I saw a tweet wondering about what makes an animal a mammal:
So, I thought I’d go through a few of the common ideas about shared physical features of mammals.
What makes a mammal?
Is it giving live birth? Or having hair/fur? What about feeding their babies milk?
Well, kind of (I’ll tell you at the end what really does). First, let’s go through these three:
Not all mammals give live birth. Monotreme mammals including the echidna:
|Short-beaked echidna. Photo by Fir0002/Flagstaffotos|
|Swiming Platypus. Photo by Peter Scheunis|
don’t give birth to live young; They lay eggs.
Okay, so not all mammals give birth to live young.
What about having hair/fur. All mammals have hair/fur, right?
Well, I suppose technically baby dolphins have whiskers, but you wouldn’t know it from the adults.
|By U.S. Navy photo by Photographer’s Mate 1st Class Brien Aho. [Public domain], via Wikimedia Commons|
Pangolins, with their armor-like plates, actually have a little bit of fur on their underside (although it’d be hard to tell):
|By Valerius Tygart (Own work) [CC-BY-SA-3.0 or GFDL]|
And naked mole rats technically aren’t completely naked, they also have whiskers (but they are mostly naked):
|By Ltshears - Trisha M Shears [Public domain], via Wikimedia Commons|
So, we’ll give hair a maybe. Mammals do have hair, but there are several cases where one might mistake a mammal for not having hair.
Do all mammals feed their babies milk?
|By Trish Steel [CC-BY-SA-2.0], via Wikimedia Commons|
First, the snarky answer - No. Male mammals generally do not make milk (although they could).
|By User:Ltshears, edited by User:julielangford [Public domain]|
Second, more serious answer - Yes. I don’t know of any species of mammal that nourishes their offspring with anything other than milk. To learn more about mammals, lactation, and milk, check out the blog “Mammals Suck (… Milk)” by Dr. Hinde.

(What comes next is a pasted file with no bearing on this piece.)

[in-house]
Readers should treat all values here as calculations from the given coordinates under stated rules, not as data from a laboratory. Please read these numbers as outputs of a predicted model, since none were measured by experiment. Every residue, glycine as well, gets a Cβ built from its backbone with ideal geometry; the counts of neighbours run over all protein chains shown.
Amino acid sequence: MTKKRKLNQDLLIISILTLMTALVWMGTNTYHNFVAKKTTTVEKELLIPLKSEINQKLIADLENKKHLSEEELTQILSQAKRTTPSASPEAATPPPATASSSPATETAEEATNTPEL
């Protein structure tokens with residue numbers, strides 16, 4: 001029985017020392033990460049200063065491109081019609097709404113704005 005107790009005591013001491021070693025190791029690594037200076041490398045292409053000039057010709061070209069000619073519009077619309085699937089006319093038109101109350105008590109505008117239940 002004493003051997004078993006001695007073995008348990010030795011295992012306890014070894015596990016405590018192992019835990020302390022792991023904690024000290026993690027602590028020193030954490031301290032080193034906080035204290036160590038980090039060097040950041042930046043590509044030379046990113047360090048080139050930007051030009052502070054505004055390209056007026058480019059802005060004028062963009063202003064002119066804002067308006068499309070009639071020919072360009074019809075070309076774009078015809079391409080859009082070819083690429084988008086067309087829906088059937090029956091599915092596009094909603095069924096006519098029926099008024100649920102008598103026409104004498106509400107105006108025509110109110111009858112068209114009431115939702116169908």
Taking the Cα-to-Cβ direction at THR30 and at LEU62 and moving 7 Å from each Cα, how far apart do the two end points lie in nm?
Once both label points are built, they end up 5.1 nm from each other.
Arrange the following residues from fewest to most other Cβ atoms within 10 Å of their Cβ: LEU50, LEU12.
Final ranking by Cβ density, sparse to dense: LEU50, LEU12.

|Breastfeeding. By honey-bee [CC-BY-2.0]|
Actually, what makes a mammal is more than just whether they give live birth (because not all do), and have hair, and lactate. And doing each of these things does not necessarily mean the animal should be classified as a mammal. (Note: Although it gives live birth, a tiger shark is not a mammal, it is a shark; sharks are a kind of fish.)
So, what does make a mammal?
Shared evolutionary history
Mammals are a group of species related by their evolutionary history. The picture below is a phylogenetic tree showing the evolutionary relationship between many different species.
All mammals share a common ancestral population.
|Modified from: CT Amemiya et al. Nature 496, 311-316 (2013) doi:10.1038/nature12027|
The classification of “Mammals” was made based of shared physical and anatomical characteristics. But, underlying those, is a shared evolutionary history.
We do make sub-divisions within that larger grouping of mammals. For example, the egg-laying mammals, platypus and echidna are called “Proto-theria”, while all other mammals are called “Therians”. There are many other sub-classifications, but they are all still part of the broader group of mammals.
There are also larger groupings. For example, on the picture above you can see all the species highlighted in pink are called Tetrapods. These are all descended from a common ancestral population of tetrapods that are generally four-limbed vertebrates.
Although their physical characteristics may change, all species that descended from the common ancestral mammal population will all be mammals.
So, how do you tell what a mammal is?
Well, the broad rules of thumbs still apply. If you are a Naturalist, roaming through some uncharted region, and you happen across an animal you’ve never seen, you can start with some of the general physical characteristics (e.g., is it warm-blooded? does it have fur?). But, now you can also take a look at its DNA as another line of evidence.
You can collect and sequence a sample of DNA from hair, or blood, or a toenail, or even from scat (aka poop), then compare the sequences you find with sequences that are already available to learn more about the creature you sampled. You can build a tree (like the one above) based on the similarity between the sequences. The relationship between the sequences for any one region or gene may not reflect the broader species tree, but it will give you an idea of where your species fits. And, the more DNA sequence you analyze, the better your resolution will be come (although it sometimes happens that biology is just messy).
“Mammals” is the term we use to describe the group of species that generally share a defined set of characteristics (warm blooded, lactating, give live birth, have fur/hair), AND share an evolutionarily recent (300ish million years ago) common ancestral population.